IT IS only a couple of years since word of "full service schools" was being borne across the Atlantic, and now the import is a programme for Scotland, with "new community" replacing "full service" and rich in Government investment politically and financially. There is a danger of precipitateness and, as became clear at a conference this week (page five), of inappropriate models being foisted on education authorities anxious to cash in. The senior chief inspector, an early convert to the idea, was right to warn, ironically in view of his reputation as a centralist, that innovation should come "bottom up".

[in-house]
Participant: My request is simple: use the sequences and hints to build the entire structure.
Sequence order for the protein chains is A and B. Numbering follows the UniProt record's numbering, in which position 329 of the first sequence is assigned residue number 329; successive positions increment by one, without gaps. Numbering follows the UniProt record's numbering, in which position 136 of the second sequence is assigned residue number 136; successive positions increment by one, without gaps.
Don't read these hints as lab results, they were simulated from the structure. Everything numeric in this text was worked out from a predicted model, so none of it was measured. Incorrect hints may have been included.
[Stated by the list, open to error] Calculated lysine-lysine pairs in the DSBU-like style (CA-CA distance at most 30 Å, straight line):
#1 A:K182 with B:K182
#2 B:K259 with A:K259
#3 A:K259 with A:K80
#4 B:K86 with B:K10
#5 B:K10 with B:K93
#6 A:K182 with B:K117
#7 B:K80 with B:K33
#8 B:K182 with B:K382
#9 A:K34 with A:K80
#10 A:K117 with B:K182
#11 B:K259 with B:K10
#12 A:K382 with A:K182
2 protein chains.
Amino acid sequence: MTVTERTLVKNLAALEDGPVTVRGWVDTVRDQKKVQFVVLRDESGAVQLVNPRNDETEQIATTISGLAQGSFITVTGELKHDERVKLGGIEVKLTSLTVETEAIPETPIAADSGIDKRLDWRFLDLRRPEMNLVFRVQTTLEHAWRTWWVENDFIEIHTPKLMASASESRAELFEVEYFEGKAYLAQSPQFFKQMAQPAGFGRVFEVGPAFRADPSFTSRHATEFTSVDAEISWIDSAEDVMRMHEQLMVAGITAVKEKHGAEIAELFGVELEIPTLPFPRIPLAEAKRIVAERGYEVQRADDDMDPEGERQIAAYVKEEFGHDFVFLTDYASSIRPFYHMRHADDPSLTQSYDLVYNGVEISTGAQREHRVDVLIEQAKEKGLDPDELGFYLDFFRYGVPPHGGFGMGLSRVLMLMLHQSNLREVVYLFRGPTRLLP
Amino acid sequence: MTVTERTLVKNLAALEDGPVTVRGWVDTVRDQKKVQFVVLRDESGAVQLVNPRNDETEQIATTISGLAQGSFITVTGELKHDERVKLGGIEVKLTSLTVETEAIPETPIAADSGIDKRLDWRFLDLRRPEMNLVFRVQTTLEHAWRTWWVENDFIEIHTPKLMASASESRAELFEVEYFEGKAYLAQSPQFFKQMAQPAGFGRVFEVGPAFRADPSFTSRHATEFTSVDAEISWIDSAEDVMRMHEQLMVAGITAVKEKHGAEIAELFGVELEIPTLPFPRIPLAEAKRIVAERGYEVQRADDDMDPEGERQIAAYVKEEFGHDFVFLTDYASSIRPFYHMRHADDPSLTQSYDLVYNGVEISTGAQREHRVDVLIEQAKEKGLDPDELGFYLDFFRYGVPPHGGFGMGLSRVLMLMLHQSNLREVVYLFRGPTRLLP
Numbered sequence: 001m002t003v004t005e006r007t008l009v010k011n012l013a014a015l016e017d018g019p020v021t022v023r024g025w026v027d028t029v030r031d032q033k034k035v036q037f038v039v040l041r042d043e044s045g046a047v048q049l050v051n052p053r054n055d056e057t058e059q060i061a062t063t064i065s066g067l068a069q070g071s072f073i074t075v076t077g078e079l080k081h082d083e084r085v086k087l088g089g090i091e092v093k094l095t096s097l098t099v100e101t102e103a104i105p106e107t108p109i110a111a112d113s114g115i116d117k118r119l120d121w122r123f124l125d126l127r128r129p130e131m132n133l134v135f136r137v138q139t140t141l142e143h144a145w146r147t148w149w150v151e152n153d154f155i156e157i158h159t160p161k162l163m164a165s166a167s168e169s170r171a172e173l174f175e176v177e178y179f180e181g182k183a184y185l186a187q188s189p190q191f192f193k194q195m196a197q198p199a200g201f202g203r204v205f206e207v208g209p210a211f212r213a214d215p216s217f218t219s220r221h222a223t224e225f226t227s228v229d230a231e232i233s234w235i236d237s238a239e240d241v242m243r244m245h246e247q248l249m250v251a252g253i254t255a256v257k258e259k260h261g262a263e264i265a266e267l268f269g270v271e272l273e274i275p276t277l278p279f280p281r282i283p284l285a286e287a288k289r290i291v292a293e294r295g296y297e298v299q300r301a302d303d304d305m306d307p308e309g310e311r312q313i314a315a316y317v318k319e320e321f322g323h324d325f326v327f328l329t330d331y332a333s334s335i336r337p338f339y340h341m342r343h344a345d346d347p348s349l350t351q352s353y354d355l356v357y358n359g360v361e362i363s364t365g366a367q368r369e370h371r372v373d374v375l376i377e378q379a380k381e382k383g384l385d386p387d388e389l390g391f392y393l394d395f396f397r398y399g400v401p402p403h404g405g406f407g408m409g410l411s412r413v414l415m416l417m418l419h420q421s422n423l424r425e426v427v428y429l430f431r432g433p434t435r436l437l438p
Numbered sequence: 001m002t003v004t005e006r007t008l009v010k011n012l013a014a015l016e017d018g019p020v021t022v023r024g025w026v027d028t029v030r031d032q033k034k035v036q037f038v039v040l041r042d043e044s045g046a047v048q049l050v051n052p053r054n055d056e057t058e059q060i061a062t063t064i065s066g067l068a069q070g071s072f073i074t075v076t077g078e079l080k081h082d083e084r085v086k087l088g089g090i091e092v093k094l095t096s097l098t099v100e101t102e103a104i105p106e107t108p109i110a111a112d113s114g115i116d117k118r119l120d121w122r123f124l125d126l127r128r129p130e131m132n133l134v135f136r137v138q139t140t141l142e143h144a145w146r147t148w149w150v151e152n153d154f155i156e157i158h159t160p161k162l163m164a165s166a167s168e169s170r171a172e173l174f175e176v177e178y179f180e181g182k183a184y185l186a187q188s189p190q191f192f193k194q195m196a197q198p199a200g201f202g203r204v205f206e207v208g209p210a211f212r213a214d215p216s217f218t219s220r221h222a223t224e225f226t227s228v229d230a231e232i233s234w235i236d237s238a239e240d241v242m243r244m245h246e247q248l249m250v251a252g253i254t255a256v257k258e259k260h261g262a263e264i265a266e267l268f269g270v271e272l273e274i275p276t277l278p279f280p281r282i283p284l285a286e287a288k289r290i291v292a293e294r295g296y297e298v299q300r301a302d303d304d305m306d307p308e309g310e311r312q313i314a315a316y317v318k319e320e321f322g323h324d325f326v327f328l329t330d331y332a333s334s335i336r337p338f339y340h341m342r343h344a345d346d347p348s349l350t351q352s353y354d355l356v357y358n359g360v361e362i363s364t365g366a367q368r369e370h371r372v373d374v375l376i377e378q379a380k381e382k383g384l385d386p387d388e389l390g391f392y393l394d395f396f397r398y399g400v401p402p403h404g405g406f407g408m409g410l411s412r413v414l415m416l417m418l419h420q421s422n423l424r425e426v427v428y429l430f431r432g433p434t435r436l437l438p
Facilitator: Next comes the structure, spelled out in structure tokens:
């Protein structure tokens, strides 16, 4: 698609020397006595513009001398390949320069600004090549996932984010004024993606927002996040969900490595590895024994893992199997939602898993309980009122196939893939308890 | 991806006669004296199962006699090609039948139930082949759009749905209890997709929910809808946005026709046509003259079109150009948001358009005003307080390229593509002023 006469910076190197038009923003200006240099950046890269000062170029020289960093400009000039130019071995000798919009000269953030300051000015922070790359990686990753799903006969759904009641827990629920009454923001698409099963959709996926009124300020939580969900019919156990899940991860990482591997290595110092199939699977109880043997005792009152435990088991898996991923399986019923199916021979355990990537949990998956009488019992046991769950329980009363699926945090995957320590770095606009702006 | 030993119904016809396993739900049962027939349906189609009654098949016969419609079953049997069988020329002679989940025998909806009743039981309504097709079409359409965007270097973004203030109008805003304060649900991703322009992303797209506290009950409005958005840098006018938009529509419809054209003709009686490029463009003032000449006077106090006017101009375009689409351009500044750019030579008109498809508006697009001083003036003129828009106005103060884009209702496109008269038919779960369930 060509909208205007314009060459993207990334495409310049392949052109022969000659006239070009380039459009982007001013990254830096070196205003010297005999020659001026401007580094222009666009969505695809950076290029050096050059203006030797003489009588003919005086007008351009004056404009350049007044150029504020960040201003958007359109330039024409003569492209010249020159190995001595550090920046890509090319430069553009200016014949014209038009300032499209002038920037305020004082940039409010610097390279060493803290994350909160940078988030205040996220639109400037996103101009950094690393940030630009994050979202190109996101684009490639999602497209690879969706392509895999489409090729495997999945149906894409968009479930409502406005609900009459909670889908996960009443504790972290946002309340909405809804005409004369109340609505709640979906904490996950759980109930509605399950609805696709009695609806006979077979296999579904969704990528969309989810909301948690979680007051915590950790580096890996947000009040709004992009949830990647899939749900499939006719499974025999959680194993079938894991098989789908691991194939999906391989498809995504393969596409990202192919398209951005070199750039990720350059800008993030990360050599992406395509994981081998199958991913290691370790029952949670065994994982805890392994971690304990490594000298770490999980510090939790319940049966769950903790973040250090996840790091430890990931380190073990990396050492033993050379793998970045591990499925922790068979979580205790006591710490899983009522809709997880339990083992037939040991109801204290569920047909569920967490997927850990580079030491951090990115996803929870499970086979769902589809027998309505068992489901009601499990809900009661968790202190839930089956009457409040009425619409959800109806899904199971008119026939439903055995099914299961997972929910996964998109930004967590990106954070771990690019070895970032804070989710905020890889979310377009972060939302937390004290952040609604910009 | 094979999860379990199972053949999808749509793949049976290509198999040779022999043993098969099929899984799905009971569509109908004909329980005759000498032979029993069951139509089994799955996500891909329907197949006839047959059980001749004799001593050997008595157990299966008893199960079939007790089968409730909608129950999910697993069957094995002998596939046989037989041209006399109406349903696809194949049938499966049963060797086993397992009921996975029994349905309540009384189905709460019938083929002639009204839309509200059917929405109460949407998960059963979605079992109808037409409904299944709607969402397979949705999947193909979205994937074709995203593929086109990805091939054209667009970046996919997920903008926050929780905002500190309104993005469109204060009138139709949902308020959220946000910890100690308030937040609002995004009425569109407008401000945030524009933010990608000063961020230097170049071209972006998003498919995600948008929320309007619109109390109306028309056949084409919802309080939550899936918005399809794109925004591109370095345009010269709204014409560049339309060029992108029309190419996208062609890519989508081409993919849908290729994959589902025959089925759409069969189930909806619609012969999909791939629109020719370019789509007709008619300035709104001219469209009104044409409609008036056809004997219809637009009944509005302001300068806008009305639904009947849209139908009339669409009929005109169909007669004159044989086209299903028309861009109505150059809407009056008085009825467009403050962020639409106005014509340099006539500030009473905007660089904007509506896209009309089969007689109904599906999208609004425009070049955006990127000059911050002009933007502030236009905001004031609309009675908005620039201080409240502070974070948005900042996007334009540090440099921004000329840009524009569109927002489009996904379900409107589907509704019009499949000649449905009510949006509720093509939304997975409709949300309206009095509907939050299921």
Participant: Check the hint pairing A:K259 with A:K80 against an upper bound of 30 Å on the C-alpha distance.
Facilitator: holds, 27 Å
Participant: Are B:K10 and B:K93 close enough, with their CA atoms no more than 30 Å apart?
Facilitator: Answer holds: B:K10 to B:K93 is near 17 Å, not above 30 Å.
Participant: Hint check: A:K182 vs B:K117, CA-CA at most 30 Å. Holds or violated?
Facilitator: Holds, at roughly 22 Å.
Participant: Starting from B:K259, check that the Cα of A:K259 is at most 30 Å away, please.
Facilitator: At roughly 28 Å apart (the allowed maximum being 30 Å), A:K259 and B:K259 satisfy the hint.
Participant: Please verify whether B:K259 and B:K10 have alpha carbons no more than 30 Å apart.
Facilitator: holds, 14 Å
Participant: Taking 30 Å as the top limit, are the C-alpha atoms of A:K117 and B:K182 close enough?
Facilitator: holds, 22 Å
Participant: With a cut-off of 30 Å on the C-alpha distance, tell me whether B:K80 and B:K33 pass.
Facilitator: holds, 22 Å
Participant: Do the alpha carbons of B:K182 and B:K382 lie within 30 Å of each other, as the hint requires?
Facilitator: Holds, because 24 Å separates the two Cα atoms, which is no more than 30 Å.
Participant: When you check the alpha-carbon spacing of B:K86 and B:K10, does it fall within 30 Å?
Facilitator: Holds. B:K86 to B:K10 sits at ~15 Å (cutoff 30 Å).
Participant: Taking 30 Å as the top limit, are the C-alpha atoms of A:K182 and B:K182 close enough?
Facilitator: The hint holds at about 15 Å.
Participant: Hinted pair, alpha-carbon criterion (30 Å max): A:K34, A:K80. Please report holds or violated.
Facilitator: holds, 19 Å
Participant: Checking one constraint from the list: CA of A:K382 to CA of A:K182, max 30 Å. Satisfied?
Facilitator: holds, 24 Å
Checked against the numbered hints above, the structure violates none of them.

Bringing community services into school is a good idea. It should not be confined to areas of deprivation although it is perhaps in these that the greatest need for one-door services is found. There was a flurry of "community high school" building 20 years ago. It fell out of favour under the Conservatives, and negotiating conditions of service proved an obstacle.
Whatever the attraction of innovation and collaboration, changing long established practices is always hard. The Association of Directors of Social Work conference heard yet again last week of the need for education and social work to pull together. Optimistically, the co-operation to make a new community school effective may have lessons higher up the administrative ladder.